Aug 14

Nathaniel Simmons (Nara-ken, 2007-2009) is currently is currently a communication faculty member at Western Governors University and lives in Columbus, OH, USA.  He teaches a variety of intercultural, interpersonal, and health communication courses. He has researched and published several scholarly articles regarding privacy management between foreign English teachers and Japanese co-workers in Japan.

“Something of and in Japan, [is that] it doesn’t matter about who you are. Your health is never private.  They [Japanese] don’t see health as a privacy thing.  So you know, if you want to keep it private, don’t talk to anyone about it.” – Alice

After having my own interesting health experiences in Japan, I remained curious as to what other ALTs experienced.  Therefore, I went back to Japan and interviewed 10 ALTs (5 women and 5 men) about their medical encounters.  I quickly learned that it wasn’t “just me.”  I heard a lot of strong comments such as Alice’s.  In fact, everyone managed their medical privacy to some extent.  I share one story below:

“There were no barriers. Every person in the village, every school, you know everyone in the Board of Education, the whole school knew that I broke my leg and what days I was going to the hospital, and medication I’ve been given.  There’s no quiet, patient confidentiality.”

Meet “Jamie.”

An ALT in rural Japan like most of the ALTs employed by ALT organizations.  She loved her job, teachers, and students.  She worked hard and was enthusiastic about English education.

After breaking her leg, everyone knew.  But how?  She explained:

“It starts off with the supervisor who tells the Board of Education, they then informed the schools, and well, the schools tell the teachers, and the students ask, they tell the students, the students tell the parents, the parents go to the restaurant down the road and tell them, and the whole village knows.”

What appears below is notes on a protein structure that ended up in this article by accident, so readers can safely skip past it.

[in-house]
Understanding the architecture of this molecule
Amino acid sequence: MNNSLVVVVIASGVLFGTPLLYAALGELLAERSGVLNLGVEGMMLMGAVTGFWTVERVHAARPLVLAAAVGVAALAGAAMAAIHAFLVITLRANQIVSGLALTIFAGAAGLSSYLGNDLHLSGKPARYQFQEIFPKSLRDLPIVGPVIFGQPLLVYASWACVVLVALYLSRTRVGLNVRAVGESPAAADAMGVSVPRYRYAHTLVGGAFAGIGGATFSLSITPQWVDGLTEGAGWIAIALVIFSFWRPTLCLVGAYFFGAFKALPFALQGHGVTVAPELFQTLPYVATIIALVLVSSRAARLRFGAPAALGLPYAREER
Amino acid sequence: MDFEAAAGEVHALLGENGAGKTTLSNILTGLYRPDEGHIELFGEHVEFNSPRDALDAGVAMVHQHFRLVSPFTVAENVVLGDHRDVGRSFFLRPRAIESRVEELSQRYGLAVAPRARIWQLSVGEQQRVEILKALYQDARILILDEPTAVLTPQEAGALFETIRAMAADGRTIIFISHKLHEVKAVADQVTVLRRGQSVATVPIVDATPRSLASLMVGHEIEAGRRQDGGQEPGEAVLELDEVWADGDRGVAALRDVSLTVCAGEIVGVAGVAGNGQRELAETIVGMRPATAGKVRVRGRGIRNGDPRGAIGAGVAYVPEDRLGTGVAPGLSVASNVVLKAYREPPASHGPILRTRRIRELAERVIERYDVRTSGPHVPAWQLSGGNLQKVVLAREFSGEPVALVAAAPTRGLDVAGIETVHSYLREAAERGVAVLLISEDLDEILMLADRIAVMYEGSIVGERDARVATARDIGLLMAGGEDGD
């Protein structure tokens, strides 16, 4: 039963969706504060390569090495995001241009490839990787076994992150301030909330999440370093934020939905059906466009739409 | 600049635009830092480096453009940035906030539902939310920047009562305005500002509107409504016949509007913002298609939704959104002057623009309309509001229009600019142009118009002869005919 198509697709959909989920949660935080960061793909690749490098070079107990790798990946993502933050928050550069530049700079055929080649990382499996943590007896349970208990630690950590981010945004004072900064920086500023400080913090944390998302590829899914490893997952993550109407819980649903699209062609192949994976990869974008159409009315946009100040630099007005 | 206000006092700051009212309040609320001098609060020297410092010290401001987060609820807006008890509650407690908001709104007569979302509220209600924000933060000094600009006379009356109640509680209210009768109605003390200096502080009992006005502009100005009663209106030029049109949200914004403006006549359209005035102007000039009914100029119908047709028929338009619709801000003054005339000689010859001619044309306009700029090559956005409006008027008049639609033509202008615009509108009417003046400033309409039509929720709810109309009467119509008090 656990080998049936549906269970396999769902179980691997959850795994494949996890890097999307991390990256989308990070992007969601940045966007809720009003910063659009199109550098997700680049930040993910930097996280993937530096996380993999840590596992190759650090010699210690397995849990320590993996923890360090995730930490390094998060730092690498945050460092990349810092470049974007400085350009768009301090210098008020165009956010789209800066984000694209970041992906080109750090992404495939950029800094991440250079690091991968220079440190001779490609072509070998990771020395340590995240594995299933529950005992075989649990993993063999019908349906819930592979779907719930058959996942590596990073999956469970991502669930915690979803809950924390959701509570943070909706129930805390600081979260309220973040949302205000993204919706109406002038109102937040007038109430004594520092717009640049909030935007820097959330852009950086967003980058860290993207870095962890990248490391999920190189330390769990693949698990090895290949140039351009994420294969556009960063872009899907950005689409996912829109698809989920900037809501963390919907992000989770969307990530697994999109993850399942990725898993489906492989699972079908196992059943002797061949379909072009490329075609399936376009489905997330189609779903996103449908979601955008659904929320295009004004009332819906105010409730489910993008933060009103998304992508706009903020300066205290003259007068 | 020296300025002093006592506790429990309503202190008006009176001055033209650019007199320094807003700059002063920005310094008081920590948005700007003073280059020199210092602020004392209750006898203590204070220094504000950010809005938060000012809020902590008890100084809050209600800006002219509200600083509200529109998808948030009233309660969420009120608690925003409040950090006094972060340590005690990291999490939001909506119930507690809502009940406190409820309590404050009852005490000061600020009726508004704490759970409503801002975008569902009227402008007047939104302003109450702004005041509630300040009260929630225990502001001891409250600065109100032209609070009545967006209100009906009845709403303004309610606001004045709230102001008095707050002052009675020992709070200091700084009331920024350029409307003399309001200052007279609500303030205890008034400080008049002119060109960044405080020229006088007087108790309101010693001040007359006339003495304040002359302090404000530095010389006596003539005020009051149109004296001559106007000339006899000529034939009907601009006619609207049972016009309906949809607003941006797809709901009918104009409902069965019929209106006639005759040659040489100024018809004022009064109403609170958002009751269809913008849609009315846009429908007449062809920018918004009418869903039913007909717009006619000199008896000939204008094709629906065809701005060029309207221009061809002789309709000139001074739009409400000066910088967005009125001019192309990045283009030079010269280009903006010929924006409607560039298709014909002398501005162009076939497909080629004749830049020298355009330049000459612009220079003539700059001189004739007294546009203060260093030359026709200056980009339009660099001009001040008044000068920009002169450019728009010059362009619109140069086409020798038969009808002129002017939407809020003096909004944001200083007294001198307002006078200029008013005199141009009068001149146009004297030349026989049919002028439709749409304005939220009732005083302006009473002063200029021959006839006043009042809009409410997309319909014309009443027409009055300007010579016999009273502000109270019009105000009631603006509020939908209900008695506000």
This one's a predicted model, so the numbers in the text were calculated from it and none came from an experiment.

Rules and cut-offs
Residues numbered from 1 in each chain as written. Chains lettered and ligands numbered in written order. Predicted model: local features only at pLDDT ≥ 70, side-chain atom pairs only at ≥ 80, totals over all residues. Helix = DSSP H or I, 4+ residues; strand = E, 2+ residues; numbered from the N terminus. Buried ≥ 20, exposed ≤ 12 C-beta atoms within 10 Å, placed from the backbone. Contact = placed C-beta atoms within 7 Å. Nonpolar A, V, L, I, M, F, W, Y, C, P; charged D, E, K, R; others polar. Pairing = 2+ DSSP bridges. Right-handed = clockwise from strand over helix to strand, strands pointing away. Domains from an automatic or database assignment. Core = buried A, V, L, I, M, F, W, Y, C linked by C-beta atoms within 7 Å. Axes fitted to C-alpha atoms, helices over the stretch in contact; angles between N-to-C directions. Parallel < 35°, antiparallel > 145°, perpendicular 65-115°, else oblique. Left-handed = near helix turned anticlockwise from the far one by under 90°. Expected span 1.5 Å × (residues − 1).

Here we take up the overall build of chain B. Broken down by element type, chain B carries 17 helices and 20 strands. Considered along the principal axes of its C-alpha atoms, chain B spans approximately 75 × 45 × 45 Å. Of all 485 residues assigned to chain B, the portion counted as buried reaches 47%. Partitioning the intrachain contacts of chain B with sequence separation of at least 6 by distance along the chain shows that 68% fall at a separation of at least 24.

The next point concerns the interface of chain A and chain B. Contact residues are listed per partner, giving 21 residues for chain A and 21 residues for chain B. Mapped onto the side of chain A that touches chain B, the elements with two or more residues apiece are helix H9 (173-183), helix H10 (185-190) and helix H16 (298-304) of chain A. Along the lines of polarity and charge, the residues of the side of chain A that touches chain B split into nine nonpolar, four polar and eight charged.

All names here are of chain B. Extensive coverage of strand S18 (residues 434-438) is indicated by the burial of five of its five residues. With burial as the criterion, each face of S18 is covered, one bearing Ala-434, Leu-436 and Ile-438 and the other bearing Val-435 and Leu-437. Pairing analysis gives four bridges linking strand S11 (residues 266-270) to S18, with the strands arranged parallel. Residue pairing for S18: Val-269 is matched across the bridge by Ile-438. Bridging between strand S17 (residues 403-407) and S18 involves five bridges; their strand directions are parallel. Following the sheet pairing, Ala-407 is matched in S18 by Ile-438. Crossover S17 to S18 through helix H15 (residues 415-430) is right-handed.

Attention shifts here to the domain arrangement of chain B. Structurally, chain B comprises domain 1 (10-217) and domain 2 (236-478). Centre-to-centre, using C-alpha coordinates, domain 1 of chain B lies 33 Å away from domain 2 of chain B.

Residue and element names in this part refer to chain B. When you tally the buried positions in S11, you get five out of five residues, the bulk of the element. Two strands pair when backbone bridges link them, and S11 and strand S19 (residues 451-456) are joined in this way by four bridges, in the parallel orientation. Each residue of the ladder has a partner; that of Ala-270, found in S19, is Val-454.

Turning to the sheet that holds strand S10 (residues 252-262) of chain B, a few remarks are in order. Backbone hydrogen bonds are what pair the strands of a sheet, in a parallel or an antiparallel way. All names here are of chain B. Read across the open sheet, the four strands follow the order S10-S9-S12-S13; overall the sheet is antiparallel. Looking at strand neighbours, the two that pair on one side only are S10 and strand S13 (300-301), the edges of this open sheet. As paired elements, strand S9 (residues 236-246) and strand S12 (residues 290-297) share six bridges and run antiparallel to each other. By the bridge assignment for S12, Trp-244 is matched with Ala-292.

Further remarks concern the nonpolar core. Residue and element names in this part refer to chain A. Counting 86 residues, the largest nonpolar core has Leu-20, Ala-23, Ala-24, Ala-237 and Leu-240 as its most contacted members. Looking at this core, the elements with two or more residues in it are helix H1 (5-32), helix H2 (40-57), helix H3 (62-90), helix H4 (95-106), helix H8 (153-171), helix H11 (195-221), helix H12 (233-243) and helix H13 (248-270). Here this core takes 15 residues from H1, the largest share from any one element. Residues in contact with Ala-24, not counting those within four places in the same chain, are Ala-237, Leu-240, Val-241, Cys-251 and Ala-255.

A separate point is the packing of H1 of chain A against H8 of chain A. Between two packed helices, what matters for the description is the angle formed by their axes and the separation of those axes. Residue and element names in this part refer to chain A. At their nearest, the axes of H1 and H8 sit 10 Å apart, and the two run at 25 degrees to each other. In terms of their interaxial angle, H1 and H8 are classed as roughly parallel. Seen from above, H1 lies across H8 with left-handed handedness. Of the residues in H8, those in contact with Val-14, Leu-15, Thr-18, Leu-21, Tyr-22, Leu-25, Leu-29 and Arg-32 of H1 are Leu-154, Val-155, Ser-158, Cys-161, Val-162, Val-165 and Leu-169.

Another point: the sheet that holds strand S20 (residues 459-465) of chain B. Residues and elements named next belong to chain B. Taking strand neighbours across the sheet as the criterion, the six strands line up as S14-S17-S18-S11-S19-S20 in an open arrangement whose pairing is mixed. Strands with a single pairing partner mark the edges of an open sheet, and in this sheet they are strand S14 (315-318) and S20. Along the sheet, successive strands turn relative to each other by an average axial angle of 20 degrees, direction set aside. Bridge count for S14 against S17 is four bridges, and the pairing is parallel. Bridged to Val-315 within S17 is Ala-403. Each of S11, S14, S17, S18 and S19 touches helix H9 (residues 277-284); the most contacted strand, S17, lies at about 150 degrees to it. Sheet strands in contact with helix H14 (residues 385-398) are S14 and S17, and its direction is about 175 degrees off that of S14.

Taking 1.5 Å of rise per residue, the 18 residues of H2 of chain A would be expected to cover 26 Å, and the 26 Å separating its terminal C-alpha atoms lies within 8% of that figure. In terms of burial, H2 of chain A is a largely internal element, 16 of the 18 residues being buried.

For Jamie, living in rural Japan meant that she wasn’t able to obtain her desired privacy levels.  Suddenly, she was not just the “foreigner,” but the “foreigner with the broken leg.”  She was the talk of the town.  Even her prescribed medication wasn’t a secret.  At the same time, Jamie was a “good sport.”  She laughed about the spectacle of her situation.  However, this somewhat uncomfortable experience influenced later health encounters.

After having appendicitis, Jamie didn’t want to go to the hospital as her doctor suggested.  She told her Board of Education (BOE) that she just needed to go home and “sleep it off.”  However, her tale doesn’t end there.

“I got a phone call from my Board of Education! [The] Doctor called the hospital when I didn’t turn up.  So, the doctor then called the Board of Education and told them everything, what he thought, and that I needed to go to the hospital.  The Board of Education called me and I said “No, I just want to sleep,” and they are like, “It’s too late. Your supervisor is coming to your house to pick you up, to take you to the hospital.”

Although somewhat comical to Jamie, she saw this as a privacy violation.  After-all, this isn’t a situation Jamie would have experienced in her home country.  People now knew information she didn’t want them to know.  She attempted to not have her school involved, but things didn’t go the way she planned.  In reality, the doctor’s decision potentially saved her life, but, at the same time, Jamie perceived her privacy to be violated.